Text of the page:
Justice League removed Henry Cavill’s mustache with CGI for his return as Superman – and boy is it bad. So, yes, as expected, Superman is resurrected in Justice League, although he’s a little different. No, we’re not talking about how this time he actually is a beacon of hope rather than the more brooding take of previous films, but his brand new – and decidedly fake – upper lip. This bizarre story has already been well reported.
Justice League goes all in on post-credits scenes, with two extra sequences after the movie ends – one in the middle of the names, one at the very end – that give a bit more time with new characters and vastly expand where the DC Films franchise is heading. Today we’re going to take a deep dive into what happens in both, what their comic influences are and, most importantly, the movies they tease.
Wonder is that rare film that manages to balance its sentimentality with a genuine emotional earnestness, and so much of that is thanks to the creative pairing of the source book’s author R.J. Palacio and writer-director Stephen Chbosky. Chbosky has form adapting tricky books, having turned his own novel The Perks of Being A Wallflower into a modern coming-of-age hit, and with Palacio’s 2012 Wonder, which ranked on the New York Times Best Seller list, gets to explore another aspect of growing up.
Muck Rack makes it simple to find people, tweets, or articles that mention any name, keyword, company, hashtag etc. We've compiled this guide to help you make the most of your search.
Selecting a term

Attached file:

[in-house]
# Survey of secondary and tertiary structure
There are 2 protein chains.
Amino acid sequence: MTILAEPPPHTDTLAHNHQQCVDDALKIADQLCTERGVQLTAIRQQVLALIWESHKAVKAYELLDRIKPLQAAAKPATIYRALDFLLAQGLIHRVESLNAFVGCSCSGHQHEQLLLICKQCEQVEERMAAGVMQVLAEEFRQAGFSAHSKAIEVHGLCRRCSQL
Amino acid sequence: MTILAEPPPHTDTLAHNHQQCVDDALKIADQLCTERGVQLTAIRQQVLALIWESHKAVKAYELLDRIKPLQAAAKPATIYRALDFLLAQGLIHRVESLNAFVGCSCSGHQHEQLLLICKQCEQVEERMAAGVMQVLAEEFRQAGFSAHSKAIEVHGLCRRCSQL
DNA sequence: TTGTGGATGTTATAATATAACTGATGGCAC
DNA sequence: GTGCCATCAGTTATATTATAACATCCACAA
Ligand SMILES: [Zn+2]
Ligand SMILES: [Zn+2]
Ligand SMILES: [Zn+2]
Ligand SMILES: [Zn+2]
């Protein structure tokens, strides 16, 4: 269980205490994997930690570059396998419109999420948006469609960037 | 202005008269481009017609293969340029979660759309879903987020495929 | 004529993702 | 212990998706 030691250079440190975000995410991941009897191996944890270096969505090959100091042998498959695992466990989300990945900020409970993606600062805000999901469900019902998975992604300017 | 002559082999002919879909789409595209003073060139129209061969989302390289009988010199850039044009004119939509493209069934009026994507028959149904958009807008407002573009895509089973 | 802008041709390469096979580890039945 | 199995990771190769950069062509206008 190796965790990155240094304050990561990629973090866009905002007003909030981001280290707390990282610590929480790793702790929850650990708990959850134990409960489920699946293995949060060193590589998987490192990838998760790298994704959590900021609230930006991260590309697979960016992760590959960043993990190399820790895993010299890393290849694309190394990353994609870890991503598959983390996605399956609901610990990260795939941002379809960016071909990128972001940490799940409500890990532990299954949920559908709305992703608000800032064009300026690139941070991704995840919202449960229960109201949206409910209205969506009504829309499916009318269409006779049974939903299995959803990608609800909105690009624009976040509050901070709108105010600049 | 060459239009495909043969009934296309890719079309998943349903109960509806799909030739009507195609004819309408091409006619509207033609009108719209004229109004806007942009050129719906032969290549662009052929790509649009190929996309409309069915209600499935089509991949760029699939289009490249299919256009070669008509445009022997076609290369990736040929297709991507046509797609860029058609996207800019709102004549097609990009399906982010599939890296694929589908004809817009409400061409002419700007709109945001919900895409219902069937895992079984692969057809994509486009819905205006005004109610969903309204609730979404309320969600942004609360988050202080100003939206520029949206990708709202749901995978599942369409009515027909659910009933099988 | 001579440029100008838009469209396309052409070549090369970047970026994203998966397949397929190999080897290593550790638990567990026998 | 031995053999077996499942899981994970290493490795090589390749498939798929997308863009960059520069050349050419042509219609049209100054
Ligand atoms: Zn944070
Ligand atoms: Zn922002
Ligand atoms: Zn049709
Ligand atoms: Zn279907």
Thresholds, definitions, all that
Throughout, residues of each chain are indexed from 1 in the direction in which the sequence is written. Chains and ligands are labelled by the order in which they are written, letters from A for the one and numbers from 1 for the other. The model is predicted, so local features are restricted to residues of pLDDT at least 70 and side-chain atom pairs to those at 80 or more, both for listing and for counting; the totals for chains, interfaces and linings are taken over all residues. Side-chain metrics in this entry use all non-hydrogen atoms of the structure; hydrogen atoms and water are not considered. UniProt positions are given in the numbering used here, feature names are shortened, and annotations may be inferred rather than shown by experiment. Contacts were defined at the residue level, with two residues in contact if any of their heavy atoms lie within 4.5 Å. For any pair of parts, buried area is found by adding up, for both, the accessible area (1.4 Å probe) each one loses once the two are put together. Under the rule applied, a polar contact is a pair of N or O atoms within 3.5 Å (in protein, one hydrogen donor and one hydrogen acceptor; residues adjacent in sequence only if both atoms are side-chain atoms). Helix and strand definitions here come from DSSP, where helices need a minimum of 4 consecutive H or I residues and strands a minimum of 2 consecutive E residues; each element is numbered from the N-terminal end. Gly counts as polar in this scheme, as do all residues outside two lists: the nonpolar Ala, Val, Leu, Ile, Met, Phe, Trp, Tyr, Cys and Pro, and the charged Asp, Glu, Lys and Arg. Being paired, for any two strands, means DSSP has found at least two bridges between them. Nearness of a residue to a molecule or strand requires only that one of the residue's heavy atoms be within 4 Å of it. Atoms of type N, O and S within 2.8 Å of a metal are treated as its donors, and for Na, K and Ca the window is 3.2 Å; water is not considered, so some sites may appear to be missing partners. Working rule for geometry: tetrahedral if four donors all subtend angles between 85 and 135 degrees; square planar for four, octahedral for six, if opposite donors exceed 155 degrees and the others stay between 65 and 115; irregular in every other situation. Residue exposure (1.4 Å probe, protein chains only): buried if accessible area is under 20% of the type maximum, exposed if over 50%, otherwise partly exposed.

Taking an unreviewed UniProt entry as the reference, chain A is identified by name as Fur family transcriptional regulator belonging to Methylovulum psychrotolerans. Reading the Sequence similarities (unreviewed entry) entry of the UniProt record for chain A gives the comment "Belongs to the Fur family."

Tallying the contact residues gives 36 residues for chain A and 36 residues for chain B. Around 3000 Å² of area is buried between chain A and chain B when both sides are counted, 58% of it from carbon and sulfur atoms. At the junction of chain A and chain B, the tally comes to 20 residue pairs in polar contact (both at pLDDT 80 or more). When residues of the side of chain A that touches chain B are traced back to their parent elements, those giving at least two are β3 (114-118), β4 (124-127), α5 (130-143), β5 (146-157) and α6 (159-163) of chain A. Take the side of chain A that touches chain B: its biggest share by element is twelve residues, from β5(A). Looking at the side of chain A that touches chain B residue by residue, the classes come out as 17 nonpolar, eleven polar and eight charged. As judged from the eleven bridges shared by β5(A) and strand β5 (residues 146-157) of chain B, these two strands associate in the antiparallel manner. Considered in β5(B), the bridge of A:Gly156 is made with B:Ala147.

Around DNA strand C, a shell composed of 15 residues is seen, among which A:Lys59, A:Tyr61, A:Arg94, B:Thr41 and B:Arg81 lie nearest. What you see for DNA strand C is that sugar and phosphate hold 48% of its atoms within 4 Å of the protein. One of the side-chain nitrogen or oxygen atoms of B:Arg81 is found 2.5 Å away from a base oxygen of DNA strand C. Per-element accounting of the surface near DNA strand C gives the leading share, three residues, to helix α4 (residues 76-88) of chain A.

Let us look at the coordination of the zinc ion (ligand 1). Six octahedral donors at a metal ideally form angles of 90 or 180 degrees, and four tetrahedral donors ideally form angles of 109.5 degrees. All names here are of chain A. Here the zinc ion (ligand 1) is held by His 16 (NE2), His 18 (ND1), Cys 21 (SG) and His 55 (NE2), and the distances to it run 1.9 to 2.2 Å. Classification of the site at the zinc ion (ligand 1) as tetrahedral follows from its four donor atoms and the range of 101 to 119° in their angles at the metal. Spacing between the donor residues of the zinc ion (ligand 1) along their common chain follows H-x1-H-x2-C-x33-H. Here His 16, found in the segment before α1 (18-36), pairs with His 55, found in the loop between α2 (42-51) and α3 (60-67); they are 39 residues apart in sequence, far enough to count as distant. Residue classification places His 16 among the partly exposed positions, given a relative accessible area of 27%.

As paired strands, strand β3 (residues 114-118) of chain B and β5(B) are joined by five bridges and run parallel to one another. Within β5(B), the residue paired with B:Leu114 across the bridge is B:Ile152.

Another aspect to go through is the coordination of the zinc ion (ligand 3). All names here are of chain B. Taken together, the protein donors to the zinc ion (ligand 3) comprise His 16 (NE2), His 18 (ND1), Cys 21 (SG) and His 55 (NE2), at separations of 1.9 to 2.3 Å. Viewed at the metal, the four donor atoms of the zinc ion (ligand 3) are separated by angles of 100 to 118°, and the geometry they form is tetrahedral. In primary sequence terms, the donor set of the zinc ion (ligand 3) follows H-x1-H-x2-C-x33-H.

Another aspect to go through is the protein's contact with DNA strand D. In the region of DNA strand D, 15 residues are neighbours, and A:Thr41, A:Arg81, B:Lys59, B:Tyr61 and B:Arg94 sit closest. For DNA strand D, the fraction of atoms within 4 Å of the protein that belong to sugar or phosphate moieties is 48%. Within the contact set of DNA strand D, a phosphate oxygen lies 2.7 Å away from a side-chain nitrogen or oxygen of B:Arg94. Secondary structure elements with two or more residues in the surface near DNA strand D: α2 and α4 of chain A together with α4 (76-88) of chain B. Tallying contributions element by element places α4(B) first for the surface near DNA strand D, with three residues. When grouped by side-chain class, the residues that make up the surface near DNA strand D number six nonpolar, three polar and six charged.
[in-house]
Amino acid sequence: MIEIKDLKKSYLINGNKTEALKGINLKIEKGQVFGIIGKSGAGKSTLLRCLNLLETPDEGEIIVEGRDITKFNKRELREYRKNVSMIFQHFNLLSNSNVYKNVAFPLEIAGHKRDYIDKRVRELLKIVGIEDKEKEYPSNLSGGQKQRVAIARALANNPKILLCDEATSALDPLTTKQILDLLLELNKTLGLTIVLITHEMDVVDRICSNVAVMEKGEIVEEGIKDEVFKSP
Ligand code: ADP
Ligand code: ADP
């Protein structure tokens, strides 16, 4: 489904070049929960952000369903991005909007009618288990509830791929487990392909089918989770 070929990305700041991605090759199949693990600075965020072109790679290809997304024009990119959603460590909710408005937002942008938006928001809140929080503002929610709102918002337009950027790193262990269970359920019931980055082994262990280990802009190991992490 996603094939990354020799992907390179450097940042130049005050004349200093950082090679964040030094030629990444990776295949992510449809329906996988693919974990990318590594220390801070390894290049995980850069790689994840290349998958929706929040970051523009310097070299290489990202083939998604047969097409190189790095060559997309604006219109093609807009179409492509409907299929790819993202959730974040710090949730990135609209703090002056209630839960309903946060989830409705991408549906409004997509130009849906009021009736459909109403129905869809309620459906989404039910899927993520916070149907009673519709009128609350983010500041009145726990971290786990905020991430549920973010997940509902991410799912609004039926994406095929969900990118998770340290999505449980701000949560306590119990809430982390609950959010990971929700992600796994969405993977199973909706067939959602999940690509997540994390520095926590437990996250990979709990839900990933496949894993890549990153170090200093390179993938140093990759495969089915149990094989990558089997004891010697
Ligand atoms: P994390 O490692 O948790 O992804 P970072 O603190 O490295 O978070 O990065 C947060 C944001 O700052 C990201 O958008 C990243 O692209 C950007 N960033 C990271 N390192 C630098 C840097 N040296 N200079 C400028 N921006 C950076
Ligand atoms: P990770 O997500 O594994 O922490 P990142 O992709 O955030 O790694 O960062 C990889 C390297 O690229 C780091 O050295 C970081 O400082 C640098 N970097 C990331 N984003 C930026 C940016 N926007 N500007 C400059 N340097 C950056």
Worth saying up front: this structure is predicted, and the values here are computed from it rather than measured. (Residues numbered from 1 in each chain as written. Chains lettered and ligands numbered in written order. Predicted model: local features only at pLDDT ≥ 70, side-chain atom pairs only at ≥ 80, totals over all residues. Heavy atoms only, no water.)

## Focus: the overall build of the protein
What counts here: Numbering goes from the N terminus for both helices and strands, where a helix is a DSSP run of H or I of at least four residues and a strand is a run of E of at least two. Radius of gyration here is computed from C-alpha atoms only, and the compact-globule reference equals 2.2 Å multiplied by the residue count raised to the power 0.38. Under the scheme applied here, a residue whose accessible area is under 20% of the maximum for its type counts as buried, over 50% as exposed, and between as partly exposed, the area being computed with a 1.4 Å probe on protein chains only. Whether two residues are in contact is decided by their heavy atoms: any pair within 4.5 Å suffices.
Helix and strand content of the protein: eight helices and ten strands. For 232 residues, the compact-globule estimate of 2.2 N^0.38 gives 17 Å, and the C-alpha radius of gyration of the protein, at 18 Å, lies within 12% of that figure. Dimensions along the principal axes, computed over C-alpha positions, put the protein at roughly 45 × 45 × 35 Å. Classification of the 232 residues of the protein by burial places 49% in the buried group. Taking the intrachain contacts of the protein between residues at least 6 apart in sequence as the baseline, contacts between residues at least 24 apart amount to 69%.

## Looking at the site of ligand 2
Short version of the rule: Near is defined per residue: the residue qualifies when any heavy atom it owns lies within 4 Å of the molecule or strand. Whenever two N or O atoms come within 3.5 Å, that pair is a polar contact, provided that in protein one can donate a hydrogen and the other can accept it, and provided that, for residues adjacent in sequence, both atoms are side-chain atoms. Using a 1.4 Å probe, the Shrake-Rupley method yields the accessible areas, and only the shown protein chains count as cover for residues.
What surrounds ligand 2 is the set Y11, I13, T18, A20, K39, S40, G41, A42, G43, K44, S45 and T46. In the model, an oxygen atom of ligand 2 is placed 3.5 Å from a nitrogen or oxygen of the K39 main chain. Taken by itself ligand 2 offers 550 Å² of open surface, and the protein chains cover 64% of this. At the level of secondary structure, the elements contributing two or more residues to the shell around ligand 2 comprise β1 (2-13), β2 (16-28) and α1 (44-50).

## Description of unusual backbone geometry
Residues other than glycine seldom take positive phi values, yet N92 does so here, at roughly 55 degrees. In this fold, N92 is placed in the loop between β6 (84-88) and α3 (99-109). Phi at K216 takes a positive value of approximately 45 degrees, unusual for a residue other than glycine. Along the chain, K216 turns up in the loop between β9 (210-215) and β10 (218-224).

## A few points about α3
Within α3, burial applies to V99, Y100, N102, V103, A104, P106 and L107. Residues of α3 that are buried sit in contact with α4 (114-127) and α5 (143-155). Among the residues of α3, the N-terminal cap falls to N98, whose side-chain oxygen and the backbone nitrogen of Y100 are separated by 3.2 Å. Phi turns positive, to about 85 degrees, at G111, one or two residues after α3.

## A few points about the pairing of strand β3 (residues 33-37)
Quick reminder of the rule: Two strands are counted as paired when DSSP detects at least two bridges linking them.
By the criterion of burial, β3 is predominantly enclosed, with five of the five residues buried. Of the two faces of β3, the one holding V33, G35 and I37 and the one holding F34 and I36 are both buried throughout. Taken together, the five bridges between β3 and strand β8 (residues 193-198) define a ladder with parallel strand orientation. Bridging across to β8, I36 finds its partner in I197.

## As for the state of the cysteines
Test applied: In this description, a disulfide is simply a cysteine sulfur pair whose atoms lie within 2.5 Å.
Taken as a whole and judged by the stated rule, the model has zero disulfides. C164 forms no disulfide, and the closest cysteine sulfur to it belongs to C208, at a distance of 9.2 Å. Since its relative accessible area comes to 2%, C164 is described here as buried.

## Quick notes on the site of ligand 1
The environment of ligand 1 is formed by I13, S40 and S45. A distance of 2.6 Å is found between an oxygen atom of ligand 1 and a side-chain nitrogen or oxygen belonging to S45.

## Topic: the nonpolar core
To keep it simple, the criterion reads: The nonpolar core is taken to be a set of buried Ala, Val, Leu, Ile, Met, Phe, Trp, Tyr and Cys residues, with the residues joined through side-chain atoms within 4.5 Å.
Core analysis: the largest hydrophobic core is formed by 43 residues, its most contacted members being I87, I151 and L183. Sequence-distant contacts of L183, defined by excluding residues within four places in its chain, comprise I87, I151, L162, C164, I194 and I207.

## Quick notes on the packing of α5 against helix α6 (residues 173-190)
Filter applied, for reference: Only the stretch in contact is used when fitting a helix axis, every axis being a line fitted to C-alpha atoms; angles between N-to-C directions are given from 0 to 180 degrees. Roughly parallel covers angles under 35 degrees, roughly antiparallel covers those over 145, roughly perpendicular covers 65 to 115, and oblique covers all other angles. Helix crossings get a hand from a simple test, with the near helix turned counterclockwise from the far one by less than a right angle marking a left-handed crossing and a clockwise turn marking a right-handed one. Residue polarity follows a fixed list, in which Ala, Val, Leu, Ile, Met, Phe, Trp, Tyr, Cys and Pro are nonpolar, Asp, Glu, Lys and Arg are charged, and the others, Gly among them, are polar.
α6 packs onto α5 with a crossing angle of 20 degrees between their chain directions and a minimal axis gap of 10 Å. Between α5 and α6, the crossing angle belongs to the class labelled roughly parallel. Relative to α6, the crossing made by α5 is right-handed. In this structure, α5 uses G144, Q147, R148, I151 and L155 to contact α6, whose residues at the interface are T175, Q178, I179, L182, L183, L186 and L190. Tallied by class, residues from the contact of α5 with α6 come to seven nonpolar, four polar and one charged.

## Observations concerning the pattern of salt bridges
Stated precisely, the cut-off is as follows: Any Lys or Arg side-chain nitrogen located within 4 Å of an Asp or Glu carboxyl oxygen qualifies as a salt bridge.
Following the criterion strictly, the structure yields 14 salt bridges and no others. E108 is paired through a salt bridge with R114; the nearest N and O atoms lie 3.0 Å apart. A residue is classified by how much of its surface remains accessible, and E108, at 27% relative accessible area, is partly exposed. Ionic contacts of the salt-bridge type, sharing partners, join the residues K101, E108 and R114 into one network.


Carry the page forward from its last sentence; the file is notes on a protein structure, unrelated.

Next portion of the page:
Start searching tweets, articles from media outlets, articles mentioned in tweets, journalists'
names, titles and bios with some suggested searches:
Companies or Topics (e.g. iPhone, Microsoft)
Phrases (e.g. "cloud computing") — use quotes to keep the terms together
Twitter handles (e.g. @username) — returns those who have mentioned or replied to
Names (e.g. "David Pogue")
Hashtags (e.g. #sxsw, #london2012)
Bio details (e.g. vegan, Olympics, father)
Muck Rack's Advanced Search allows for many boolean operators.
Find results that mention multiple specified terms, use AND or
+. For example, ensure each result contains both Elon Musk and Mark Zuckerberg by
searching Musk AND Zuckerberg or Musk + Zuckerberg.
Use the operators OR or , to broaden your search when you'd like either of
multiple terms to appear in results. (This is the default behavior of our search when no operators
are used). For example, results will contain either cake or cookie by searching cake OR cookie or cake,cookie
Use NOT or - to subtract results from your search. For
example, searching Disney will yield results about the Walt Disney Company as well as Walt Disney
World Resort. To exclude mentions of Disney World, search for Disney -World or Disney
When using one of these operators with a phrase, enclose it in quotation marks. For example, you can
find results about smartphones excluding Apple's iPhone 4S by searching smartphone -"iPhone
Exact case matching or punctuation
If you're searching for a brand name or keyword that relies on specific punctuation marks or capitalization, you can
find results that match your exact query by adding matchcase: before the keyword you're searching for, like matchcase:E*TRADE .
Use parentheses to separate multiple
boolean phrases. For example, to find journalists talking about having fun in Disney World or
Disneyland, search for ("disney world" OR disneyland) AND fun.
An asterisk can be used to search for any variation of a root word truncated by the asterisk. For example, searching for admin* will return results for administrator, administration, administer, administered, etc.
A near operator is an AND operator where you can control the distance between the words. You can vary the distance the near operation uses by adding a forward slash and number (between 0-99) such as strawberries NEAR/10 "whipped cream", which means the strawberries must exist within 10 words of "whipped cream".